It is important to note that no house is perfect. Every home inspection will identify issues with the property, and the inspector will communicate the severity of the issues found. The home inspector's goal is to leave their clients with a deeper understanding of their prospective home, so the client can make a sound decision as they continue their home buying process. The client should be fully aware of any issues, risks, or health concerns that may impact the client's decision. The inspector's role is not to tell the clients if they should buy the house or not, but to help the clients understand the full cost of ownership. If major problems are found, home buyers may wish to negotiate with the seller to make repairs or cover their costs.

Types of Inspections

Chimney Inspections

Some older chimneys don't have flue liners, or the interior brickwork might be crumbling. A chimney inspector will detect these problems and can also make sure smoke is discharged properly and that the cap is in good repair. Cost: $100 to $300 (as of 2020).

Lead-Based Paint

The federal government banned the use of lead-based paint in 1978, but older homes—and even some built after 1978—may contain it. You have a right to have the home tested for lead-based paint and to hire a certified lead abatement contractor to remove it.

Asbestos Inspections

Contrary to popular belief, general home inspections don't include tests for asbestos. The only way to tell if a material actually contains asbestos is to have it tested by taking a sample to a lab.

Termite / Wood-Boring Insects

The general home inspector usually helps to arrange for a termite inspection, too, which typically costs about $100 to $200.  This inspector will look for signs of structural damage caused by wood-boring insects as well as conditions that might lead to problems down the road, such as wood in direct contact with the ground or soil.

Radon Gas

Radon is a naturally occurring radioactive gas that is a decay product of uranium.  Buyers living in New Jersey, New York, or Pennsylvania, or anyone thinking about moving into one of these states, need to be aware of a uranium-rich formation called the Reading Prong.

Radon gas can build up in enclosed places, and home owners are encouraged to test homes, especially basements, for the presence of this gas.  A continuous monitoring test will cost around $200. It's possible to find laboratories certified to perform such testing at the EPA's website.

Negotiating a Credit

Oftentimes buyers and sellers of homes expect to negotiate in good faith with each other, and that includes coming to agreement on repairs deemed necessary via the home inspection.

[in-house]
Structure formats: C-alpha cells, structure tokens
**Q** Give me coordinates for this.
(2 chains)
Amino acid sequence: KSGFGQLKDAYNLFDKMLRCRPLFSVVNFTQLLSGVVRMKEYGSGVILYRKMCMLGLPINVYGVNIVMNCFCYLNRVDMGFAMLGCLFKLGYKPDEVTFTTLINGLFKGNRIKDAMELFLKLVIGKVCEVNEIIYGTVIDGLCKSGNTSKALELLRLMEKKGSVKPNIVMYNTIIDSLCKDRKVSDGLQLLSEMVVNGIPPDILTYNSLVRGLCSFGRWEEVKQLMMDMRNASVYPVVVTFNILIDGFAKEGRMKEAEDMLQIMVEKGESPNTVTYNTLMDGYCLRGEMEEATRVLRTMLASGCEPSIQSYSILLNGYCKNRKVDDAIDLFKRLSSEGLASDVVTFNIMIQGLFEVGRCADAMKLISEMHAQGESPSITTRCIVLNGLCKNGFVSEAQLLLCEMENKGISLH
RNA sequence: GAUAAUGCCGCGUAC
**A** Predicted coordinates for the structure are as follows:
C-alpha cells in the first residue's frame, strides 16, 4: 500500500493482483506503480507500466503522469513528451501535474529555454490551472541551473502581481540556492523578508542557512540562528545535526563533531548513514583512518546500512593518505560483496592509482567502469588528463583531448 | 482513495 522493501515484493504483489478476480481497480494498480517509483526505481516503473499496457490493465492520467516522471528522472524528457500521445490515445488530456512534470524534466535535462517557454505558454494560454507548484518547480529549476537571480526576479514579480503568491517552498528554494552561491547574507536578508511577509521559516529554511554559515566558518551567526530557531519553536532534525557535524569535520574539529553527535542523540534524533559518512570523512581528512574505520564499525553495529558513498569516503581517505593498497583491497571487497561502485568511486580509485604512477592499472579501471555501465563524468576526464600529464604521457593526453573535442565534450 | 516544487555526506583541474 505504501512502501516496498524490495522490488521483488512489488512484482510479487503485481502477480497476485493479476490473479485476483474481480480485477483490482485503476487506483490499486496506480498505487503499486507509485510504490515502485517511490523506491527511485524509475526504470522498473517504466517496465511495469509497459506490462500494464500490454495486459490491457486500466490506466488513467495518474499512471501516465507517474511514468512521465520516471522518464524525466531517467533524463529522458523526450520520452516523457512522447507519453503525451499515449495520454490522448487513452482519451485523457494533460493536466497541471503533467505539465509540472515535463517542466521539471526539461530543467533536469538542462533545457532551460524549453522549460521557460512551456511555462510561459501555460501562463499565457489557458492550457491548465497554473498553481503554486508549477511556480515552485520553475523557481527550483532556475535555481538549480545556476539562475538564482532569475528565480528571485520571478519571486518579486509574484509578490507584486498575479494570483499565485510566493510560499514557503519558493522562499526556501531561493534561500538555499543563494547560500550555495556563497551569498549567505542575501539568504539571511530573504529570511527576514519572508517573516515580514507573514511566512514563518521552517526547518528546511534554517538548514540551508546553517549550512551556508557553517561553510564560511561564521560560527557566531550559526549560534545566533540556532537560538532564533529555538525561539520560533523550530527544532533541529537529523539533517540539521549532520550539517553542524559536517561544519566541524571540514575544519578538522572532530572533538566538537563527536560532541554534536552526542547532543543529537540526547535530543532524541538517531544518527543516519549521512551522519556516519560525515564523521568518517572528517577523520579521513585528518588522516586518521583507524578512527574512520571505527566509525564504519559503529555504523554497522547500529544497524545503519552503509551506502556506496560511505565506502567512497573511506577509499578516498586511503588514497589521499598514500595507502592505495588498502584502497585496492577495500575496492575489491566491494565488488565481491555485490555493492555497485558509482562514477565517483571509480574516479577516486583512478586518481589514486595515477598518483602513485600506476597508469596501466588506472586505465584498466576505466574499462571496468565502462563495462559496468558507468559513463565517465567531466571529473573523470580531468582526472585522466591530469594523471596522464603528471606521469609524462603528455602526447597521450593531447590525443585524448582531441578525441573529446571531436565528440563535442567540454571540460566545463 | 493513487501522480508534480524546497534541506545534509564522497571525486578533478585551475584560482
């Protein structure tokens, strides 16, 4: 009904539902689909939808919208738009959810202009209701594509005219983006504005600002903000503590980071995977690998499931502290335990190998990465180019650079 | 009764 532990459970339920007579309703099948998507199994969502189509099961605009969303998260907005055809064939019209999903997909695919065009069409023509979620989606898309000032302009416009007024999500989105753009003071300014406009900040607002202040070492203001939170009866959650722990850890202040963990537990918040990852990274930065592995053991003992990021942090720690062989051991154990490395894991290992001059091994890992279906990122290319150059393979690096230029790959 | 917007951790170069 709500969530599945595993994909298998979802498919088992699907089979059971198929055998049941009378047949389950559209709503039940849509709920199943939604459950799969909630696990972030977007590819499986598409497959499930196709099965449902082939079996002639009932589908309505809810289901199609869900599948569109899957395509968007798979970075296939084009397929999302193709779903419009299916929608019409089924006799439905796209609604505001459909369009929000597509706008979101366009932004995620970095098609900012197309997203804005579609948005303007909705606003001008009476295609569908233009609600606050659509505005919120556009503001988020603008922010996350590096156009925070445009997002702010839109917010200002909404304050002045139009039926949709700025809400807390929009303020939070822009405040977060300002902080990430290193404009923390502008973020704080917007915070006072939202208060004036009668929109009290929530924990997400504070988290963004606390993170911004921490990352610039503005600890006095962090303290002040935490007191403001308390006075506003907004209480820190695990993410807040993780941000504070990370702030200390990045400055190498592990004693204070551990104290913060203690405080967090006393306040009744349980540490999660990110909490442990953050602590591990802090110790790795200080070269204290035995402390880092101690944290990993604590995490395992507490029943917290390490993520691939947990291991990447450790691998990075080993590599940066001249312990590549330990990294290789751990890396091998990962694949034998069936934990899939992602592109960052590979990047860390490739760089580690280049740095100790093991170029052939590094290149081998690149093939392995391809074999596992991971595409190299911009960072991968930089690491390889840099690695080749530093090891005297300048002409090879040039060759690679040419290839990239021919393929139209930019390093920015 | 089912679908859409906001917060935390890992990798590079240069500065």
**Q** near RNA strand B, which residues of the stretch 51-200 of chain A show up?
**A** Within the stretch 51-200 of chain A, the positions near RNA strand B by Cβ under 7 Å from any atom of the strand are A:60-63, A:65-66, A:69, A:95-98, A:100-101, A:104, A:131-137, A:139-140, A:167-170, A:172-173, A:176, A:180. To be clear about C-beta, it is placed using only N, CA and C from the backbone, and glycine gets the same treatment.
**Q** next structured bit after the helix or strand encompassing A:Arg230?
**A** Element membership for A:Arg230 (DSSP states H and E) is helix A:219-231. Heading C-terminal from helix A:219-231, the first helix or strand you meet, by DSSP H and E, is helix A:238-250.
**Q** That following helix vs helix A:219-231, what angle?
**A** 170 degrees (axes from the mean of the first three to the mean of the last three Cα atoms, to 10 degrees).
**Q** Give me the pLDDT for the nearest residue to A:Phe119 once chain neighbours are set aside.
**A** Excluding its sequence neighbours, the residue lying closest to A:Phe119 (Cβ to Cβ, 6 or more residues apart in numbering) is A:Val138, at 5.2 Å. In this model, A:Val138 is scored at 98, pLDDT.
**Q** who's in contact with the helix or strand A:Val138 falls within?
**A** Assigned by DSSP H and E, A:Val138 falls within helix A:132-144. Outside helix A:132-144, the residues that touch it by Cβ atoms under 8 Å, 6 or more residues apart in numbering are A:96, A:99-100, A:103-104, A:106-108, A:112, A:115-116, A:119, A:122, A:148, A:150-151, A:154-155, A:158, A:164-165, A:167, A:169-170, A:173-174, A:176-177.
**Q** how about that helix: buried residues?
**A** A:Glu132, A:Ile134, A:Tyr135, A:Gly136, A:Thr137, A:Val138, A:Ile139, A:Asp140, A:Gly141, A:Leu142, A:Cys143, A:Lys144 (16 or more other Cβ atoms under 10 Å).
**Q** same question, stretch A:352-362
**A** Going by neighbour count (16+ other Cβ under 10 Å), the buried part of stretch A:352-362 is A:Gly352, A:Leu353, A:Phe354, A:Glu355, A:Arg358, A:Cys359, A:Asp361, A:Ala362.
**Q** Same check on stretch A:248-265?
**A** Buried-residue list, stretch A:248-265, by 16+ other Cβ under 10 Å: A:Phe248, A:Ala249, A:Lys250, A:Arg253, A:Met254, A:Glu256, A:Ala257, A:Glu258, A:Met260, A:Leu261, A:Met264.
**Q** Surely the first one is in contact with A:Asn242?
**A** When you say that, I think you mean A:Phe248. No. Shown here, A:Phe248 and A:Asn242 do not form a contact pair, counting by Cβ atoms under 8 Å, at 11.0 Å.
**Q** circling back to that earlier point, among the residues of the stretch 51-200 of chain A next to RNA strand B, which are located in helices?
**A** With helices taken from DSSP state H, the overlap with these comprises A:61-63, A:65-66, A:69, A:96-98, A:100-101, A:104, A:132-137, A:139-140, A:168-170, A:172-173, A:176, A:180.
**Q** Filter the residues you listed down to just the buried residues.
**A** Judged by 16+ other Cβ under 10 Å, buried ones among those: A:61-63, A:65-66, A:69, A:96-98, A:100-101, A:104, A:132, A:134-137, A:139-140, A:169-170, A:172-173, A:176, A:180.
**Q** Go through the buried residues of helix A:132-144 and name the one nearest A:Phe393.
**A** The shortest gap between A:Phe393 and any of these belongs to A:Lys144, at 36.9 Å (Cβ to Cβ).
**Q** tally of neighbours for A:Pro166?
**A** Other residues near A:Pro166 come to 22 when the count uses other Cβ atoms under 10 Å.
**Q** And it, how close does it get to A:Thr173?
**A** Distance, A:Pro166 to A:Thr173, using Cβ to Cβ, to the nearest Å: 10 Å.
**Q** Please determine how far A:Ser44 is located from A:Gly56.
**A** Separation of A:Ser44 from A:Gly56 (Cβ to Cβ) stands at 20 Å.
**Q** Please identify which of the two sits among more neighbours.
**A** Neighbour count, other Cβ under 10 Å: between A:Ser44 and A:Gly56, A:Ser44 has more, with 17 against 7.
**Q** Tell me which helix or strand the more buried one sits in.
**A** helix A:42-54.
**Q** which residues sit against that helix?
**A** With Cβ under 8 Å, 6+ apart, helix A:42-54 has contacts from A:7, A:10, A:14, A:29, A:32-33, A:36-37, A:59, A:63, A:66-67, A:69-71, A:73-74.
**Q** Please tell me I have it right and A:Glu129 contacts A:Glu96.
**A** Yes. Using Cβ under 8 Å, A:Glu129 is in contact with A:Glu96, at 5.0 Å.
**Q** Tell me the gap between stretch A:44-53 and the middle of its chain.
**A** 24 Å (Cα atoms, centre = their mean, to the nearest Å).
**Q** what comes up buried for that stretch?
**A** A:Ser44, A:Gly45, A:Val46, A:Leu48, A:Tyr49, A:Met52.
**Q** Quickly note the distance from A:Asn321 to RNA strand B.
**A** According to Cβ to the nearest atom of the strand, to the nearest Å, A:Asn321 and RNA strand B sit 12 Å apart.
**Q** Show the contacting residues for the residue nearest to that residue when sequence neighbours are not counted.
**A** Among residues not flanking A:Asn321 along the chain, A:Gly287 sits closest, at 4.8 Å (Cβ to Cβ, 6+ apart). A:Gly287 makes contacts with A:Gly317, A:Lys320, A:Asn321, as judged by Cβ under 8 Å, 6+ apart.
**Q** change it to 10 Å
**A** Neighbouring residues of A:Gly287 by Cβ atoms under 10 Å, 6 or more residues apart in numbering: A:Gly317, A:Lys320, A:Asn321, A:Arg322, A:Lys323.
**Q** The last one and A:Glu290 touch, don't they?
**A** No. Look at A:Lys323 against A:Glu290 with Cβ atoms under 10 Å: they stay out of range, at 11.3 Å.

Negotiating a credit often means compromise; both parties agree to meet somewhere in the middle, and that means extending a credit to the home's buyer.  Credits usually take the form of "splitting" one of the closing costs (the seller paying for a cost typically paid for by the buyer).

Seller Repairs Before Closing

If the home inspection reveals serious problems with the home that the seller claims they were not aware of, then it's reasonable to ask the seller to make the repairs before buying the home.  After all, an offer was made on the home the seller felt was fair before the problems were revealed.

Now that everyone has been made aware of trouble with the home, it's time to re-evaluate what is a fair offer.  The buyer could logically argue that their offer was made and accepted before these flaws were known by either party.  The fair thing to do would be to bring the home back to that same point of reference.

Buying the Home As-Is

If someone values the home enough, they might decide to buy the property as-is.  Just remember the effective purchase price is the bid placed on the home plus the cost of the needed repairs.  These costs can sometimes be rolled into the new mortgage.

Buyers should never pay for a repair until they own the home.  Deals fall through all the time; do not repair a home that belongs to someone else.

Walk Away From the Deal

As a final option, it's always possible to just walk away from the home.  But this is often a difficult decision for buyers that have fallen in love with a house.  The reason it's hard to walk away is that those feelings are usually emotional, not logical.  But if the home is in need of expensive repairs, and the seller is not willing to compromise, then walking away might be the least expensive, and best, option.